WhatsApp faces block in China
WhatsApp is not responsible for the blockage, according to a person familiar with the matter
WhatsApp users in China are facing problems with the messaging service as photos, videos and voice messages appears to be blocked.
The partial block has been reported as a censorship crackdown by the Chinese government, according to Bloomberg. Reports emerged on Monday evening regarding intermittent outages, and by Tuesday users tweeted that their voice messages were not being delivered.
This is not a rare occurrence, many popular websites have been blocked in China, including WhatsApp owner Facebook. Other websites that have faced blocks are Twitter, Instagram, Snapchat, Google Play, Wikipedia, YouTube, Vimeo, Netflix, Bloomberg and more.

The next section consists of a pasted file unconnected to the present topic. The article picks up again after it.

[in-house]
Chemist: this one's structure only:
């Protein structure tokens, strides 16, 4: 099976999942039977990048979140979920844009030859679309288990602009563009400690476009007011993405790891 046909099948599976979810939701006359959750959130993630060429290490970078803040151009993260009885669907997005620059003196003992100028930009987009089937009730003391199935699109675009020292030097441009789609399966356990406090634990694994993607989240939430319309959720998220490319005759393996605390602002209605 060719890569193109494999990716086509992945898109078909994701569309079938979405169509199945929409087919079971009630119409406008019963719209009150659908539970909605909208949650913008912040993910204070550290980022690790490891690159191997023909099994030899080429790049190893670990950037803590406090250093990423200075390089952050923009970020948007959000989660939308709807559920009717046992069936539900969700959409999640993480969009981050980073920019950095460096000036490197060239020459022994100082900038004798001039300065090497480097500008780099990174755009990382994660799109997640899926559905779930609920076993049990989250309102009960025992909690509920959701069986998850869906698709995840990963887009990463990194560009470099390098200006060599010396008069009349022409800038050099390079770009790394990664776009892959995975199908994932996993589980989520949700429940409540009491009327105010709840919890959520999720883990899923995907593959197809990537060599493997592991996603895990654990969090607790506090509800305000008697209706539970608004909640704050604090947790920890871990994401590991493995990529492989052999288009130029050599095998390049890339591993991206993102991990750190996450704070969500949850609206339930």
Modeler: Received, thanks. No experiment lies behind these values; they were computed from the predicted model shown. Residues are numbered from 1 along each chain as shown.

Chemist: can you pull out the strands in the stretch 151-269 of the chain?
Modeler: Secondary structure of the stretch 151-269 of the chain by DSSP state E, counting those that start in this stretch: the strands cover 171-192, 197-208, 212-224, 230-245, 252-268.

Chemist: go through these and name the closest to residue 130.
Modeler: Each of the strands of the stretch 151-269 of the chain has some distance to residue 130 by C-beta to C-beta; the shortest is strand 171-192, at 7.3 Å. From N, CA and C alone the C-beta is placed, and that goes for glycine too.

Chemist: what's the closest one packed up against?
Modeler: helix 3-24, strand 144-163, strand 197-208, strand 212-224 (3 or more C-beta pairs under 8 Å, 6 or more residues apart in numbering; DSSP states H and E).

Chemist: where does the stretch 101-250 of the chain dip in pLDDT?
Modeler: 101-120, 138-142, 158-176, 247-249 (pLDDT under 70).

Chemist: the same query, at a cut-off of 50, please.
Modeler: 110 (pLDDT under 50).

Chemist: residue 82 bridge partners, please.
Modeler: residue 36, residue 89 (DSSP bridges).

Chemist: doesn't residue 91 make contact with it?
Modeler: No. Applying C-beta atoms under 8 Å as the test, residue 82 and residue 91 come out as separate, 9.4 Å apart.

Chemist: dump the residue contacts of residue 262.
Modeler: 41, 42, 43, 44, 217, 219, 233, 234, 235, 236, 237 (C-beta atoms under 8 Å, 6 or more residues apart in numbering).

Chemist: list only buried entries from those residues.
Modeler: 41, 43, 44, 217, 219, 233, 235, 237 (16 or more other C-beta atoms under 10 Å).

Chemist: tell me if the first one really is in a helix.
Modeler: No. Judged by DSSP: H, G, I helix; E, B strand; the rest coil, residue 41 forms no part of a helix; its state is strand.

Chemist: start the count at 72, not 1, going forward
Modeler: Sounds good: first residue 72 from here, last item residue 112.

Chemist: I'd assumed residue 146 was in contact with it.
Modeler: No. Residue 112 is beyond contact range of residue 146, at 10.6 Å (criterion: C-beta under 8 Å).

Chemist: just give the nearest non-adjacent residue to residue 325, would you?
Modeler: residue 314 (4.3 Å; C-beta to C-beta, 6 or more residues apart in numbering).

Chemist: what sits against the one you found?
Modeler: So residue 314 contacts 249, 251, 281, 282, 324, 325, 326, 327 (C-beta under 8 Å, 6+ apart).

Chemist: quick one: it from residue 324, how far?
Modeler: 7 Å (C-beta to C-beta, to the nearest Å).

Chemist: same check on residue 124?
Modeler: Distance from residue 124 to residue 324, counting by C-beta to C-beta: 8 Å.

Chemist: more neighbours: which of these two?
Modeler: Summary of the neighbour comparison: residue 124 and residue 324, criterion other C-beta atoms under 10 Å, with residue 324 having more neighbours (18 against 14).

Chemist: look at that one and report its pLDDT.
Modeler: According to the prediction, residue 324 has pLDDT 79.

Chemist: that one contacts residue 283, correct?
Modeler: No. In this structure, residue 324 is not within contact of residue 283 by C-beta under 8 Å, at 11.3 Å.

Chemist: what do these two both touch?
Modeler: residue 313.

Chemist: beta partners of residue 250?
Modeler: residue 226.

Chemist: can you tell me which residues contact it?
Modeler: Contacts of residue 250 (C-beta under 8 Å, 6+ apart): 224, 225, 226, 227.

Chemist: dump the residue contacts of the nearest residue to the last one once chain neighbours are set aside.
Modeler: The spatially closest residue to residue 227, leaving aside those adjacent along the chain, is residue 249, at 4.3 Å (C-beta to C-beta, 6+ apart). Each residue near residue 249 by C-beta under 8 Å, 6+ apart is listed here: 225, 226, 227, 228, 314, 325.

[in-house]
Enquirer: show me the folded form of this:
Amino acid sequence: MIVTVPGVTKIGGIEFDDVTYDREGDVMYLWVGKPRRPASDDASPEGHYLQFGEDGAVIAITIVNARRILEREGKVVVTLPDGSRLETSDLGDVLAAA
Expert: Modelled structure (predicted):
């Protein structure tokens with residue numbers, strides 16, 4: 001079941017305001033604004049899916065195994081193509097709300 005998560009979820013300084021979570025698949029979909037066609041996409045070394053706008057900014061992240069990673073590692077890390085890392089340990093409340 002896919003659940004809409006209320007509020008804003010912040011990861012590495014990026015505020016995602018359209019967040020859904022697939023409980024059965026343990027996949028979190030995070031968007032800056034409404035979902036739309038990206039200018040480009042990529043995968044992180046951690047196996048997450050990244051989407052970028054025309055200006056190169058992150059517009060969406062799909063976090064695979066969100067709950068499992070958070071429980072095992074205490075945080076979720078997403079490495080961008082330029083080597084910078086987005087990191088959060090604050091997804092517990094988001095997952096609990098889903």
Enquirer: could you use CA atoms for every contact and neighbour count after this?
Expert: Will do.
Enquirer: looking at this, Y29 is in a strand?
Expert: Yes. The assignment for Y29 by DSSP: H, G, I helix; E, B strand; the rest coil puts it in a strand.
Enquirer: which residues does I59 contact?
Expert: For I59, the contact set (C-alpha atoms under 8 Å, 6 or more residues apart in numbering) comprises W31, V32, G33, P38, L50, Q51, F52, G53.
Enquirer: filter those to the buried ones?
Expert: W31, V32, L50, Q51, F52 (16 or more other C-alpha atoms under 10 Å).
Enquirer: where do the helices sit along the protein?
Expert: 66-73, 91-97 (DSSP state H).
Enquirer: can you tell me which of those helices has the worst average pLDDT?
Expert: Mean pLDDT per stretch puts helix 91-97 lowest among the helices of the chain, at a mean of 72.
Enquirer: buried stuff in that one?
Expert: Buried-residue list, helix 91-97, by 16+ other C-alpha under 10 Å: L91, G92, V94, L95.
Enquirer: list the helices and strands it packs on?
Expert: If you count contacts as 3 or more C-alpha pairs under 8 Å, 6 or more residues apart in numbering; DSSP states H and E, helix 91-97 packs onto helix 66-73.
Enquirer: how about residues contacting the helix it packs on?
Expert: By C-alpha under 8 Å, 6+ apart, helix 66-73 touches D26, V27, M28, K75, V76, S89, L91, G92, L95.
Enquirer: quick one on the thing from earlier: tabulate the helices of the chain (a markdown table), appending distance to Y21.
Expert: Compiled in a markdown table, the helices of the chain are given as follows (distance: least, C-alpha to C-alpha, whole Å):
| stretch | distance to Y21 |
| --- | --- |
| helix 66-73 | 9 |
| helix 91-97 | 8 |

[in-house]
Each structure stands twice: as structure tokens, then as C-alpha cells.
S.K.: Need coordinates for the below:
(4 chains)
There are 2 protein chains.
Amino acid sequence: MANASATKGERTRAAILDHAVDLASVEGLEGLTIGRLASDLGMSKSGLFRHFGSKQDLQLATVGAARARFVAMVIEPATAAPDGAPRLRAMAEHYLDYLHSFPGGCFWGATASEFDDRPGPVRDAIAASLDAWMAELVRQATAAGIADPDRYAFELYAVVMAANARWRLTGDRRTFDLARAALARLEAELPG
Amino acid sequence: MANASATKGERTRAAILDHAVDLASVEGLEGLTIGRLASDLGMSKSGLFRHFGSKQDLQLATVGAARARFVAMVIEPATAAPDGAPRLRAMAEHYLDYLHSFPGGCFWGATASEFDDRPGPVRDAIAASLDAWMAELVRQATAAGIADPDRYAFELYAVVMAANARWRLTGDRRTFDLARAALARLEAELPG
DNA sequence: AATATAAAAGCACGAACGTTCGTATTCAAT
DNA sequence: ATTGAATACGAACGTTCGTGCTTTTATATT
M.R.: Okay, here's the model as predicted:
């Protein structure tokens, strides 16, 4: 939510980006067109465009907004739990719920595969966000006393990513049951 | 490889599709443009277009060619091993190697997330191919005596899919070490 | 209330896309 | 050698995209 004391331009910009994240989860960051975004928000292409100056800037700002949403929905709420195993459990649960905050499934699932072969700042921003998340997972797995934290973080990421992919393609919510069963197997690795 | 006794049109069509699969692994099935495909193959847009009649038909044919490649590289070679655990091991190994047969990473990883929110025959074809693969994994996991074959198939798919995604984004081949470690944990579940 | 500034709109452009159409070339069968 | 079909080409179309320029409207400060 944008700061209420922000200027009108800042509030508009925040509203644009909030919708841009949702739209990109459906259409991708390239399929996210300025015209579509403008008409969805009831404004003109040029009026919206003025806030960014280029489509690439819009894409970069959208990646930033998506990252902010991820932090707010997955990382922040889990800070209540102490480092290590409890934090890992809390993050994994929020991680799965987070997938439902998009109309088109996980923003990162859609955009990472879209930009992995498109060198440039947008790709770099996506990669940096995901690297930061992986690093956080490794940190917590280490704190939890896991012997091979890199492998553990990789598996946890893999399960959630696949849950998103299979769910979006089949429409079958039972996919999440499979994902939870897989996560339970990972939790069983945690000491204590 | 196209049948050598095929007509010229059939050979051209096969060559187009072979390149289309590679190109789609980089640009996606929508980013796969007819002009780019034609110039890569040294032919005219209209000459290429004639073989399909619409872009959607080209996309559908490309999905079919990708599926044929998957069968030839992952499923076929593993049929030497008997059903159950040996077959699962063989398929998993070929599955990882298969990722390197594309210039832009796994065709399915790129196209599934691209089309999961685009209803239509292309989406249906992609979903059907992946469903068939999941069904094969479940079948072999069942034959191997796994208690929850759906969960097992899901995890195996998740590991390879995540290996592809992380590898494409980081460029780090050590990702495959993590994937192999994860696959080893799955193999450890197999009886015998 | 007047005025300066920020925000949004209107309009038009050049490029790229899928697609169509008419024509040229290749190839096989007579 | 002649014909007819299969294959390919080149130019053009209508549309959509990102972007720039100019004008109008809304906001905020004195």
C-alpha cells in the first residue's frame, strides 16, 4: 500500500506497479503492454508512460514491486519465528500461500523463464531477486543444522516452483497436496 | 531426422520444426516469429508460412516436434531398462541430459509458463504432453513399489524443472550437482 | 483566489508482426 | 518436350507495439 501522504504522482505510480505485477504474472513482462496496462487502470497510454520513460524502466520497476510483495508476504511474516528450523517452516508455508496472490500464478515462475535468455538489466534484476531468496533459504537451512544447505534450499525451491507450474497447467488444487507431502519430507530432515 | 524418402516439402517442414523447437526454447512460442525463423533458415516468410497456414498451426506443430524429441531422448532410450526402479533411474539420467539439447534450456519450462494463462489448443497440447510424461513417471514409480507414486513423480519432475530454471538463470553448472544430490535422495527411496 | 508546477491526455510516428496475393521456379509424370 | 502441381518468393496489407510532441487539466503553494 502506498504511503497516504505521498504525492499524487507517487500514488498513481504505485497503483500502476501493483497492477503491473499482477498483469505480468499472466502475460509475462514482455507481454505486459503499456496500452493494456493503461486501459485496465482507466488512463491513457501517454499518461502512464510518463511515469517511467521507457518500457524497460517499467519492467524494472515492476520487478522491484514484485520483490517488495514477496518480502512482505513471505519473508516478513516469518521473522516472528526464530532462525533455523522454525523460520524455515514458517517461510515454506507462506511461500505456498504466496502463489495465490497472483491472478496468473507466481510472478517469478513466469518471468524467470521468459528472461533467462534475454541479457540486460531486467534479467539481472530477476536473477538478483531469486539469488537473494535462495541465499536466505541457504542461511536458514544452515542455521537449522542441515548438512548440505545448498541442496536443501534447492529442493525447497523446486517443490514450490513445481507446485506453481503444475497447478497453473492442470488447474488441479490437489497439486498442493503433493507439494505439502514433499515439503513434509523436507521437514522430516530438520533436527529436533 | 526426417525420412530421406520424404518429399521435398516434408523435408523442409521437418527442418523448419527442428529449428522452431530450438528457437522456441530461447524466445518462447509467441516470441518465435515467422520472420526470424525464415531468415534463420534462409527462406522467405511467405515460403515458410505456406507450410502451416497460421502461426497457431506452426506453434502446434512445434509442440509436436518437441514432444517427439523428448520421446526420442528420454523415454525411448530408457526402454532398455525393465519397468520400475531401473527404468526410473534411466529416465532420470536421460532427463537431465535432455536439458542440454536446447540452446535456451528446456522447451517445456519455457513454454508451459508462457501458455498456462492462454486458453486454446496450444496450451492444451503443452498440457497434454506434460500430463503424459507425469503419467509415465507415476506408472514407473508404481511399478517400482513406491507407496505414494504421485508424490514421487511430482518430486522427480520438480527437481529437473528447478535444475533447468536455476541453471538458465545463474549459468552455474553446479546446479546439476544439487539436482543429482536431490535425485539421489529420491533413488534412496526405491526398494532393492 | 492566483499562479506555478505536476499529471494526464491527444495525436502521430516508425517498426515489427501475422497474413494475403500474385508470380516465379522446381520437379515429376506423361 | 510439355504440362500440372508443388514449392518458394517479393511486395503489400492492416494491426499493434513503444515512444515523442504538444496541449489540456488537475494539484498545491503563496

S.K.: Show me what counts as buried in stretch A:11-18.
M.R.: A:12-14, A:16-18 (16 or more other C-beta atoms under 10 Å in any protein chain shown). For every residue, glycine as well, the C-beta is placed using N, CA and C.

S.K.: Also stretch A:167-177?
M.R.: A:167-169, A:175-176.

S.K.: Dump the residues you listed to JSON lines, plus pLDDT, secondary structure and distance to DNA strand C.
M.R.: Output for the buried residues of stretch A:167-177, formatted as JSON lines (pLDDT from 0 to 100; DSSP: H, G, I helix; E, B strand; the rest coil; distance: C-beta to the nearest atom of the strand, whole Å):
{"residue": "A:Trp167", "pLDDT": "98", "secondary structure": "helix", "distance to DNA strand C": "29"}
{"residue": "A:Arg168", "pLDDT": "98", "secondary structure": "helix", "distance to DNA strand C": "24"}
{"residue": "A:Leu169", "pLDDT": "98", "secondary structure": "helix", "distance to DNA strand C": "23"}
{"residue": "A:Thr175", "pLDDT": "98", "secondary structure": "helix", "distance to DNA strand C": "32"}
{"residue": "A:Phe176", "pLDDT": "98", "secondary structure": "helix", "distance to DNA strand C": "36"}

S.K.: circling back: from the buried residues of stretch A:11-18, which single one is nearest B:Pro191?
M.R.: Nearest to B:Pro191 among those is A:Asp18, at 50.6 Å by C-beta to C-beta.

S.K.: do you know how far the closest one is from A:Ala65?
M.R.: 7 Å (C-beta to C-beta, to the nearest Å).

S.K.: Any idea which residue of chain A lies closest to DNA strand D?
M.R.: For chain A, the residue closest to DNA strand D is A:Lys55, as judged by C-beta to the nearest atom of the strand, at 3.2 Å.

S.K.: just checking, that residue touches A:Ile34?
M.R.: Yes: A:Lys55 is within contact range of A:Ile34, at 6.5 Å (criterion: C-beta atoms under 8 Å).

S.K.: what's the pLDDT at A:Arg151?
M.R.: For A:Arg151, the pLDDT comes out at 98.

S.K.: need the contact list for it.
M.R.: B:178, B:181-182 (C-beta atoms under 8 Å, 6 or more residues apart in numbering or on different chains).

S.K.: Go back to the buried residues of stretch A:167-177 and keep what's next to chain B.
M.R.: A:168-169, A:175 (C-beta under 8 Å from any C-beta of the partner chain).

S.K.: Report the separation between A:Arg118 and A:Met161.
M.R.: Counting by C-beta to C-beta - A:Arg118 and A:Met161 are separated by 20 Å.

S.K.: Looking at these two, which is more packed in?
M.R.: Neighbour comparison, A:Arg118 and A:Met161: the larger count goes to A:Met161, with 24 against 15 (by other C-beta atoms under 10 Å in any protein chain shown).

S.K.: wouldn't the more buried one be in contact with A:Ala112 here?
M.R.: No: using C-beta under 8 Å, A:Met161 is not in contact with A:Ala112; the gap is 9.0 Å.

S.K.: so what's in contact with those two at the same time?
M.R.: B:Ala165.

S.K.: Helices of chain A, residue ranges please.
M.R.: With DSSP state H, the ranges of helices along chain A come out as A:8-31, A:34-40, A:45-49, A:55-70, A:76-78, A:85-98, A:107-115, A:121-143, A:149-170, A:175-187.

WhatsApp messages are encrypted meaning the Chinese government are unable to monitor the communication. However WeChat, a messaging app run by China's Tencent Holdings Ltd., is unencrypted and asks users to input their real names, allowing authorities to monitor freely.
"By blocking WhatsApp, the authorities have shut down one of the few remaining free and encrypted messaging apps but, more importantly, they have also limited the ability for Chinese to have private conversations with their peers," a Chinese censorship researcher known only by the pseudonym Charlie Smith, said in an e-mail to the Guardian.
"While the internet freedom community continues to develop unique and innovative circumvention tools we are doing very little to fight the climate of fear that Xi Jinping has manufactured in China," he added.
As part of the crackdown, China also plans to block unauthorised virtual private networks starting in February 2018.